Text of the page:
After both lawyers interviewed the three character witnesses, the board went back into executive session, came back into the gymnasium, and then voted to resume executive session again. They remained there for the duration of the evening, leaving at approximately 8:30 p.m. The Morning Sentinel reported that when asked about why the board voted so quickly to go back into executive session, Frame said that the parties were going to discuss whether or not to have the closing statements in open or closed session. He added that he was calling for them to be open.

The public hearing was scheduled to continue on Monday night, and was projected to only last an hour. On Sunday, the Morning Sentinel reported that Waterville police are investigating reports from former female students of Reiter at Mascenic Regional High School in New Ipswich, New Hampshire. Reiter served as a social studies teacher, chairman of the social studies and foreign language department, and assistant principal during his ten years there.

Reiter’s wife, Terri Reiter, filed for divorce on September 15, two weeks after Reiter was placed on leave. Terri Reiter requested that the divorce proceedings be sealed to protect their seven-year-old daughter from the details of their divorce being public knowledge.

Waterville Police Chief Joseph Massey said that two former students of Reiter have been calling the station and reporting that he displayed behavior at Mascenic. One-student claims that she had sex with Reiter at the end of her senior year or just after she graduated. The other student reported that she engaged in an inappropriate relationship with him, and the police were provided with 147 pages of love letters from Reiter, which according to the press release discussed his love for her and a kiss between the two. Waterville sent Detective Bill Bonney to New Ipswich on Friday to speak with the students and one of their mothers, as well as with Mascenic staff. The Waterville polices’ press release stated that Bonney was approached at a conference in Southern Maine on Thursday by a former Mascenic student who said that she had friends who had engaged in an inappropriate relationship with Reiter.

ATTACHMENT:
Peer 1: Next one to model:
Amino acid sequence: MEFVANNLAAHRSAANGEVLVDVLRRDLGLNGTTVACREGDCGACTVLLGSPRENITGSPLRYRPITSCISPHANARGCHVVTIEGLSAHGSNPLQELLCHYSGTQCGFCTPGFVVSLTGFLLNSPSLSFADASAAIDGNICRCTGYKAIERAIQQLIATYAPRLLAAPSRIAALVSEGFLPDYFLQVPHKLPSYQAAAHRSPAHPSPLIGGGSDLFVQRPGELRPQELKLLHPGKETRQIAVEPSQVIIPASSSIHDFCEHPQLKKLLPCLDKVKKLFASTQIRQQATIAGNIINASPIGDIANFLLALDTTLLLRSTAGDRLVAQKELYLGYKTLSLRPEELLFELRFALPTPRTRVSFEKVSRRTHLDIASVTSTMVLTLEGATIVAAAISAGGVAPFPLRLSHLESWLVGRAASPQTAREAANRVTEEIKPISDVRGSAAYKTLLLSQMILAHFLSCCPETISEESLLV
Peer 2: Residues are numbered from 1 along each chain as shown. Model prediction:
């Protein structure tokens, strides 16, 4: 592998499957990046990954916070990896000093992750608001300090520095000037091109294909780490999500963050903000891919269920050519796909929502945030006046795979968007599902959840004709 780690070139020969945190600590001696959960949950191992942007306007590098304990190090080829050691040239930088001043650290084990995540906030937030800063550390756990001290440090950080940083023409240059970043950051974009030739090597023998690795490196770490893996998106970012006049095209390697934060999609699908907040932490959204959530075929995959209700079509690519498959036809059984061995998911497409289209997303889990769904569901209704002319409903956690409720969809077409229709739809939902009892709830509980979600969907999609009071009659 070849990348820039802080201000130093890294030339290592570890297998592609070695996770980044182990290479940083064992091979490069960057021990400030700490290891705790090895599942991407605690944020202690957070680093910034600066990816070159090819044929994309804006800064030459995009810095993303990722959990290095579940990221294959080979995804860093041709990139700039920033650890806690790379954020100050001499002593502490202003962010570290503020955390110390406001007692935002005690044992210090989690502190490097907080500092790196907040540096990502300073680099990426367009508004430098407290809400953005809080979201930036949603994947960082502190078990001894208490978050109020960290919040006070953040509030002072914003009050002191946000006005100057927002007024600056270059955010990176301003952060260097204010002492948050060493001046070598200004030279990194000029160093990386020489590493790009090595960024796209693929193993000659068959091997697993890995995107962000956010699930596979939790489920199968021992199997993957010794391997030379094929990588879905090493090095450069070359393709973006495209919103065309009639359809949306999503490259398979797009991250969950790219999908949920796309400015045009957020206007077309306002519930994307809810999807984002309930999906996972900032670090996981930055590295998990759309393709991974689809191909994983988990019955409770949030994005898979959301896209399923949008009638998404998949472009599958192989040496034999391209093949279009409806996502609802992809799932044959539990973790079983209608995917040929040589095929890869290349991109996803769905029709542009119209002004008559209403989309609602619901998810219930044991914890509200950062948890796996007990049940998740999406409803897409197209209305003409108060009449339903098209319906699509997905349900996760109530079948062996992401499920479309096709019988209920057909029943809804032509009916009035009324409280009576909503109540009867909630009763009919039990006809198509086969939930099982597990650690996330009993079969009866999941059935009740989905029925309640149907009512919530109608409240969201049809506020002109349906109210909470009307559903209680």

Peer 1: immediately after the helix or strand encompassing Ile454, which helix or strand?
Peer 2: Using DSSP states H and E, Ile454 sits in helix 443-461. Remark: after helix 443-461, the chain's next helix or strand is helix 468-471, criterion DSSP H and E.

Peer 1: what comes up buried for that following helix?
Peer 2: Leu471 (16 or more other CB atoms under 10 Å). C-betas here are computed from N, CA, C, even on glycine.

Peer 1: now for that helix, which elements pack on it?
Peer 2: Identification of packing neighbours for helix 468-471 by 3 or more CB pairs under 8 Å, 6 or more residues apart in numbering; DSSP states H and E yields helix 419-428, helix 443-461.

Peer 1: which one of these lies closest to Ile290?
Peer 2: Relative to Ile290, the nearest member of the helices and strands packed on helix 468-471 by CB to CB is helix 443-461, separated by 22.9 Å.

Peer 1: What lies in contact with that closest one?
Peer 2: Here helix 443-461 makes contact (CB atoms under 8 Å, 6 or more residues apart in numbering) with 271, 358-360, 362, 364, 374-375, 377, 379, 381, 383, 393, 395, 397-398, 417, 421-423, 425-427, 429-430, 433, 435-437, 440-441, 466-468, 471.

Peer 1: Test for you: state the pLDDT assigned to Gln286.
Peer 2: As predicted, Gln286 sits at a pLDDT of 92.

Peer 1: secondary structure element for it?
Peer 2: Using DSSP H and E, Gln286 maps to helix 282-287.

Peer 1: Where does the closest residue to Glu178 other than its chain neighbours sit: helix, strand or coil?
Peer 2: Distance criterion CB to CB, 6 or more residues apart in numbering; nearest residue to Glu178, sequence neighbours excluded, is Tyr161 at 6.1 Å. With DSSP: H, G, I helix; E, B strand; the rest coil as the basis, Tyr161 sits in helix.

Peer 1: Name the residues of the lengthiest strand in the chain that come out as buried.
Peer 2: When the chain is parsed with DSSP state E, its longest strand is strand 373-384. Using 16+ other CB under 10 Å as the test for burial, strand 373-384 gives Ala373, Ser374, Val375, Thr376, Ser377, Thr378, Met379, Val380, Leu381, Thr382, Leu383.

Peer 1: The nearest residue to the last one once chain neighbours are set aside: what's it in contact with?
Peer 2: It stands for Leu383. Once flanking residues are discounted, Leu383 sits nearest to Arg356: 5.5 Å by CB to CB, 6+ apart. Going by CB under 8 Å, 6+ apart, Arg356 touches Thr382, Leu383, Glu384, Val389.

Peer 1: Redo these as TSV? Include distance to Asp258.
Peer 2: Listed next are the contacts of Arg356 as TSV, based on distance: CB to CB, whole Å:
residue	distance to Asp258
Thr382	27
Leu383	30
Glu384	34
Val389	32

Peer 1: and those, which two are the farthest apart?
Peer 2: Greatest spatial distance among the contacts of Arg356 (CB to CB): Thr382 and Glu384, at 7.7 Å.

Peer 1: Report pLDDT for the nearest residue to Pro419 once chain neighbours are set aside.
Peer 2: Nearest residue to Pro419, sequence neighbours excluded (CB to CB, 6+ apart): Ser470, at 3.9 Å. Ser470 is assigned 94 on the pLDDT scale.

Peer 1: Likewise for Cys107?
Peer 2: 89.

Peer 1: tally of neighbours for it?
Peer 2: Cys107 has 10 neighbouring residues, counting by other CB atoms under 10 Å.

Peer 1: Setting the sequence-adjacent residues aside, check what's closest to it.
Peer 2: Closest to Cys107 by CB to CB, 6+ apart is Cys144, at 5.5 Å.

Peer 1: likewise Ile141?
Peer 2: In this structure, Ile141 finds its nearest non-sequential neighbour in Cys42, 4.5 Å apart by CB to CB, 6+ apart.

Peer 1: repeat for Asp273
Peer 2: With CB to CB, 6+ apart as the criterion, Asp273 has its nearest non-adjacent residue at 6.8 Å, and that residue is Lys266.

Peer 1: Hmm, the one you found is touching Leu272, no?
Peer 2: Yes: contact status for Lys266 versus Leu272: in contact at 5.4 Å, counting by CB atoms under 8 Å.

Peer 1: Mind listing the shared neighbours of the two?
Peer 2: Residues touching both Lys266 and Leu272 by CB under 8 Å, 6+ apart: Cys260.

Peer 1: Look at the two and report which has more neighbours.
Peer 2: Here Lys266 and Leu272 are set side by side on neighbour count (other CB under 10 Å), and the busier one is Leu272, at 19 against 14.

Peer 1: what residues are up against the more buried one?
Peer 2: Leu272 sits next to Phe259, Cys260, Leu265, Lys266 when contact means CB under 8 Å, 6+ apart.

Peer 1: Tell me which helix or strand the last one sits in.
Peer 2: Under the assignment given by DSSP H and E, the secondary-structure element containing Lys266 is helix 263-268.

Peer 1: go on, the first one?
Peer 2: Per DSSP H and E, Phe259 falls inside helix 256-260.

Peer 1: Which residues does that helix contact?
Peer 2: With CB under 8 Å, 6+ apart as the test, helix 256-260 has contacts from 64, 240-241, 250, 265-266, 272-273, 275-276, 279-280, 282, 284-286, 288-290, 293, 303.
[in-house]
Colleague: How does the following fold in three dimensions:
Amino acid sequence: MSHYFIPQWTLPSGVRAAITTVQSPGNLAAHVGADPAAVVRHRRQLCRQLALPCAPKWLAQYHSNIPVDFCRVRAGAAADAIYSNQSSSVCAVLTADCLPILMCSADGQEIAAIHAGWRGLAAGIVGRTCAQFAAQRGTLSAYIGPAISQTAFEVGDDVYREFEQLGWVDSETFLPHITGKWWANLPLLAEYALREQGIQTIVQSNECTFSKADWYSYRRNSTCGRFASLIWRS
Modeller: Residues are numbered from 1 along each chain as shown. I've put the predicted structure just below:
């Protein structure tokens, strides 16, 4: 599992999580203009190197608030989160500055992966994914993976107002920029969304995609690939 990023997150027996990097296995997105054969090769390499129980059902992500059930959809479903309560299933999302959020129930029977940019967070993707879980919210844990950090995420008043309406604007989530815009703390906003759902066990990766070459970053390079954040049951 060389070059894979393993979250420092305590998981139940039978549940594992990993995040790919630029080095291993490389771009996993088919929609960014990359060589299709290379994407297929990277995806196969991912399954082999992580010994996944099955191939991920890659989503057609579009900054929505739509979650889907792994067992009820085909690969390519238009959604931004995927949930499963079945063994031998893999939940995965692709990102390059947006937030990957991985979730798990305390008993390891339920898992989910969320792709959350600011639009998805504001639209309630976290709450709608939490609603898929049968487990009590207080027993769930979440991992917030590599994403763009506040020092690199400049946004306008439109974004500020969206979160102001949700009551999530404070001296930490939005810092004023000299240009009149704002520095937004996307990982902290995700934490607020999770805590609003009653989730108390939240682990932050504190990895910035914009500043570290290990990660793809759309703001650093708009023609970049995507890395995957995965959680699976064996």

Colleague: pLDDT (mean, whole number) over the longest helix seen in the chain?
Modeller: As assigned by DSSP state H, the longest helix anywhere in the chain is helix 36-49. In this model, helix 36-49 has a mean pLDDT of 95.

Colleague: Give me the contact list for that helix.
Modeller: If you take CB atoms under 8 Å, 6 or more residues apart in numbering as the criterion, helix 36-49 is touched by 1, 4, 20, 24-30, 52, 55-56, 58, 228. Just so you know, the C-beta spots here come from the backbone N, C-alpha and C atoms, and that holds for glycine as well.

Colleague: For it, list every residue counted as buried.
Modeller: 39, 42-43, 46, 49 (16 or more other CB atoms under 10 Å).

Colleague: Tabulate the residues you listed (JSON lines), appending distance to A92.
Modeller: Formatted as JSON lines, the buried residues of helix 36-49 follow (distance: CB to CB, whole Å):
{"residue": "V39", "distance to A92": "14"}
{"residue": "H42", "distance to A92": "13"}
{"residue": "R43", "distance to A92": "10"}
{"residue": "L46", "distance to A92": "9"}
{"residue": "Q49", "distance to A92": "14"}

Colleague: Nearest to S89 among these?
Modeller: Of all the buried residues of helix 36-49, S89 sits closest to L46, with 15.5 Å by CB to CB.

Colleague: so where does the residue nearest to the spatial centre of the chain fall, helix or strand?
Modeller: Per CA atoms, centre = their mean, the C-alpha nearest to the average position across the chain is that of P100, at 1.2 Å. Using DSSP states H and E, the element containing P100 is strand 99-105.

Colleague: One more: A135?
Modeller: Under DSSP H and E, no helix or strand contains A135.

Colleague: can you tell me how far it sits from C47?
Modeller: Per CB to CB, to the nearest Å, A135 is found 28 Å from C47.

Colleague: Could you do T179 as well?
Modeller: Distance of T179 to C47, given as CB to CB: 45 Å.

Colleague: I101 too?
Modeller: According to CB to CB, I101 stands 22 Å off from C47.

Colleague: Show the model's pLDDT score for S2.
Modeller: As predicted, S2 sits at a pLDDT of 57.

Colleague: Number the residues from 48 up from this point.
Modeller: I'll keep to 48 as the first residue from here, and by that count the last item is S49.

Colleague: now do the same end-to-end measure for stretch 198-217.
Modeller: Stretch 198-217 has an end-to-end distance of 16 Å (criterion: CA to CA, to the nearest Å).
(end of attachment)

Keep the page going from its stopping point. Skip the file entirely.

Frame stated to the Portland Press Herald that he finds it “curious that this comes up the weekend before the board is to continue deliberations on Don’s dismissal Monday.”

On Monday, the Waterville Board of Education voted 6-1 to dismiss Reiter from his position as principal. Sara Sylvester, chairwoman, Joan Phillips Sandy, Pamela Trinward, Maryanne Bernier, Tiffany LaLiberty and Elizabeth Bickford voted to dismiss. Board member Susan Maxwell Reisert, who is the wife of Colby Professor of American Constitutional Law in the Government Department Joseph Reisert and  herself a 1986 Colby graduate, was the only member to vote against dismissing the principal.

Reiter and Frame have 30 days to decide whether or not to appeal the sentence, and the Morning Sentinel reported that he stated, “I’ll sit down with my client, and we’ll consider that.” The board also rejected the opportunity 7-0 to reopen the evidence segment of the case to investigate the new accusations against Reiter from two former students in New Hampshire.

Police forwarded their report on the Reiter case to Kennebec County District Attorney Maeghan Maloney, DA,  who has said that she will not decide on the case until she hears how the school board voted.